“It was a tough break.” (Dark Passage, 1946)

“It was one of those hot sticky nights that makes Manhattan show its age.” (Nightfall, 1947)

“Next door they were having another fight.” (Behold this Woman, 1947)

“He didn’t like the look in her eyes.” (Of Missing Persons, 1950)

“It was raining hard in Philadelphia as Cassidy worked the bus through heavy traffic on Market Street.” (Cassidy’s Girl, 1951)

“It began with a shattered dream.” (Of Tender Sin, 1952)

“On Ruxton Street, at ten past ten, the Chinese girl was flat on her back in the gutter.” (Street of the Lost, 1952)

“At three in the morning it was dead around here and the windows of the mansion were black, the mansion dark purple and solemn against the moonlit velvet green of gently sloping lawn.” (The Burglar, 1953)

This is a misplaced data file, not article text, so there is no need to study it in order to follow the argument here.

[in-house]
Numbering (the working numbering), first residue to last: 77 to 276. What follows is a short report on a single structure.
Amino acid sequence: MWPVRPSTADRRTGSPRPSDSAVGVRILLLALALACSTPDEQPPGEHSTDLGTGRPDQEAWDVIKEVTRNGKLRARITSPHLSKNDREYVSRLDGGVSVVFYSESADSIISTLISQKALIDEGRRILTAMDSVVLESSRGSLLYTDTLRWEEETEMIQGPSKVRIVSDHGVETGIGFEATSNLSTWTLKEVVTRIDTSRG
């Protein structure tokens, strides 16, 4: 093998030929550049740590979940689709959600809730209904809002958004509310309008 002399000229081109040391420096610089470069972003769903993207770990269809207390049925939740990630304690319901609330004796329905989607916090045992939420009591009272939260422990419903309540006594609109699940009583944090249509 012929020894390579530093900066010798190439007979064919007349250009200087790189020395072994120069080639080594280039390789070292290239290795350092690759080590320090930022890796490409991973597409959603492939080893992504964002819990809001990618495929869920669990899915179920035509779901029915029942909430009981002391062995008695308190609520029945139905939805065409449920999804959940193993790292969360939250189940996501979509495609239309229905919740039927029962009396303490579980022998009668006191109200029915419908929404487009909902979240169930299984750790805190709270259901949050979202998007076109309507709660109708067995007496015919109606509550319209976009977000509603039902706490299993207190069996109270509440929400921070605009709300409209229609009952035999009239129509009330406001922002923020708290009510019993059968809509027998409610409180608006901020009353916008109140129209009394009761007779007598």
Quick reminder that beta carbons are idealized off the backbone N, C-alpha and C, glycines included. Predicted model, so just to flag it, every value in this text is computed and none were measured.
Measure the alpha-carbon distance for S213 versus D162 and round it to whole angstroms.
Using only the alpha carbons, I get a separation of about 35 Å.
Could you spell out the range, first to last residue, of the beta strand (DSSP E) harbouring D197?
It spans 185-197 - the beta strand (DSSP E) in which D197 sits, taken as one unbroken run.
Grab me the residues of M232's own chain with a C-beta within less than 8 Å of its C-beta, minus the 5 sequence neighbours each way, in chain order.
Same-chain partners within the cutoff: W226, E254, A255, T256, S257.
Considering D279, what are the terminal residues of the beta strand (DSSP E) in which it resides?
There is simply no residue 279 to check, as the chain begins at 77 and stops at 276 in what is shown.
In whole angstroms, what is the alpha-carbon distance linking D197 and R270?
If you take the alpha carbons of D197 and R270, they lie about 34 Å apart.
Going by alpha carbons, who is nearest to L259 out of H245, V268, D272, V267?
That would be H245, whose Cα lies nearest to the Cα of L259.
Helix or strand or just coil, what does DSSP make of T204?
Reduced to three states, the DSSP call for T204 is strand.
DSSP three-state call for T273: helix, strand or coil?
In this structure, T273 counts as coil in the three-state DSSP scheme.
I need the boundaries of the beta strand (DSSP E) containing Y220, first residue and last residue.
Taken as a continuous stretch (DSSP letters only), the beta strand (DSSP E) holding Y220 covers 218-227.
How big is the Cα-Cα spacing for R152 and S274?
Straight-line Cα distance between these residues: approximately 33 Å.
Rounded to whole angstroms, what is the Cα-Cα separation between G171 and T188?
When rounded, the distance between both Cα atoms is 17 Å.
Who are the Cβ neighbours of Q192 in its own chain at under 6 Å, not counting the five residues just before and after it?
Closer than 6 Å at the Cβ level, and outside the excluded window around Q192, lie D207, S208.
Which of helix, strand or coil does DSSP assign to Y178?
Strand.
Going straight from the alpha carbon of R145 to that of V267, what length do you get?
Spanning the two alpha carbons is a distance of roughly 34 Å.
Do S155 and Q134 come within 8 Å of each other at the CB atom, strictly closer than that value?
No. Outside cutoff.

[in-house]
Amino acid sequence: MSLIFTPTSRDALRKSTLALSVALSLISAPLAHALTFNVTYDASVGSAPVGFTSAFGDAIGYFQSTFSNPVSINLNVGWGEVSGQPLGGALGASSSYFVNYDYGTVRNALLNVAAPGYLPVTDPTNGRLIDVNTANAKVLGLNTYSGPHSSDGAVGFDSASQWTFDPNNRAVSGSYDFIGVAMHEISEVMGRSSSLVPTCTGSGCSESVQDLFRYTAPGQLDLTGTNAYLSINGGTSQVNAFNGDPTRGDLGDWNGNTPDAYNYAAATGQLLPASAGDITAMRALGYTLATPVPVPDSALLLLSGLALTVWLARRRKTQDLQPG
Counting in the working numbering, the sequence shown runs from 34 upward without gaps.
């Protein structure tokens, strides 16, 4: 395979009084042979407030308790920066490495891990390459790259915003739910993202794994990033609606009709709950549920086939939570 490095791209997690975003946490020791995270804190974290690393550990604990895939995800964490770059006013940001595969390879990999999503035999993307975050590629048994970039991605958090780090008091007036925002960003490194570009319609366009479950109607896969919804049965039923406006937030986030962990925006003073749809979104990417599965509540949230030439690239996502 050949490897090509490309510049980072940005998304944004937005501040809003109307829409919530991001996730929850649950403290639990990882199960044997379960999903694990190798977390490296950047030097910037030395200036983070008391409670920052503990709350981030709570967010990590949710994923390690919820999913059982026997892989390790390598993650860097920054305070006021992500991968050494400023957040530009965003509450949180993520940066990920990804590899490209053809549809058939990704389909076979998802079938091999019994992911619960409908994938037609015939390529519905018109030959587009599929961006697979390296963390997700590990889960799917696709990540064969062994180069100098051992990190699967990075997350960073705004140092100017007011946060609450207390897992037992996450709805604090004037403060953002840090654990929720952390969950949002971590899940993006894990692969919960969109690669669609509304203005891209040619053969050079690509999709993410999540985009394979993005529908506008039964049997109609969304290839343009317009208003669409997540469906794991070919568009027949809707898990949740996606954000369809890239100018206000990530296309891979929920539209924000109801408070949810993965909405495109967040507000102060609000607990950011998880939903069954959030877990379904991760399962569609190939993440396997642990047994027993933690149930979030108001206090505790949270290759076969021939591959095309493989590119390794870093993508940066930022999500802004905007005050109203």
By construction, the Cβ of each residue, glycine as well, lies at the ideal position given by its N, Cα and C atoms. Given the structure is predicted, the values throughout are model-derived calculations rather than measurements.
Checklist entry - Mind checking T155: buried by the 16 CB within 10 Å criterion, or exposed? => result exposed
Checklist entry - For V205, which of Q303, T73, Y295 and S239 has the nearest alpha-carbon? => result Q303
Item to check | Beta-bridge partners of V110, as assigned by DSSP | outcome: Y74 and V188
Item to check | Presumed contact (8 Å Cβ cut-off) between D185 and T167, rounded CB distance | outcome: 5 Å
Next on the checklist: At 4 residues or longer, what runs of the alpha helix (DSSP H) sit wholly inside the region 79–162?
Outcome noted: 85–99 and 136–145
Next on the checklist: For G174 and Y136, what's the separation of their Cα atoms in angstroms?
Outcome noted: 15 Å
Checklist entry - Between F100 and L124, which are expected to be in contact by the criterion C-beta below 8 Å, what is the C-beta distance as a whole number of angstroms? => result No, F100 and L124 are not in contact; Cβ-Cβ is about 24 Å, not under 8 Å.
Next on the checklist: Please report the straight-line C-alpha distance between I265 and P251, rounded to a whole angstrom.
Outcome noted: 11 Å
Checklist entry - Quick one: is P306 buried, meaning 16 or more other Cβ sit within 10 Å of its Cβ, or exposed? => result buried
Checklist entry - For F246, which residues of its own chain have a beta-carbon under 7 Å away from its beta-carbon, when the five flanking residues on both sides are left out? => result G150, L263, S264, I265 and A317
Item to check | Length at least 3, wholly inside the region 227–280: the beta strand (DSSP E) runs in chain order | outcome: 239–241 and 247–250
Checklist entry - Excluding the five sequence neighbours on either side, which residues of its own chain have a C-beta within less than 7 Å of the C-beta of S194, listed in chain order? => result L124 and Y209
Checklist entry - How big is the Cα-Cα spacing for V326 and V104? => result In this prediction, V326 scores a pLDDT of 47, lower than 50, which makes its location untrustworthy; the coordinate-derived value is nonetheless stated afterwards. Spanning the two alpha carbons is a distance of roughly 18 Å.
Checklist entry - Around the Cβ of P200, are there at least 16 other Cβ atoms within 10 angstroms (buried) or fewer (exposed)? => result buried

“At the edge of the alleyway facing Vernon Street, a gray cat waited for a large rat to emerge from its hiding place.” (The Moon in the Gutter, 1953)

“January cold came in from two rivers, formed four walls around Hart and closed in on him.” (Black Friday, 1954)

“There were three of them sitting on the pavement with their backs against the wall of a flophouse.” (Street of No Return, 1954)

“Ralph stood on the corner, leaning against the brick wall of Silver’s candy store, telling himself to go home and get some sleep.” (The Blonde on the Street Corner, 1954)

“At the other end of the bar it was crowded, and at this end he stood alone, drinking a gin-and-tonic.” (The Wounded and the Slain, 1955)

“There were no street lamps, no lights at all.” (Down There, 1956)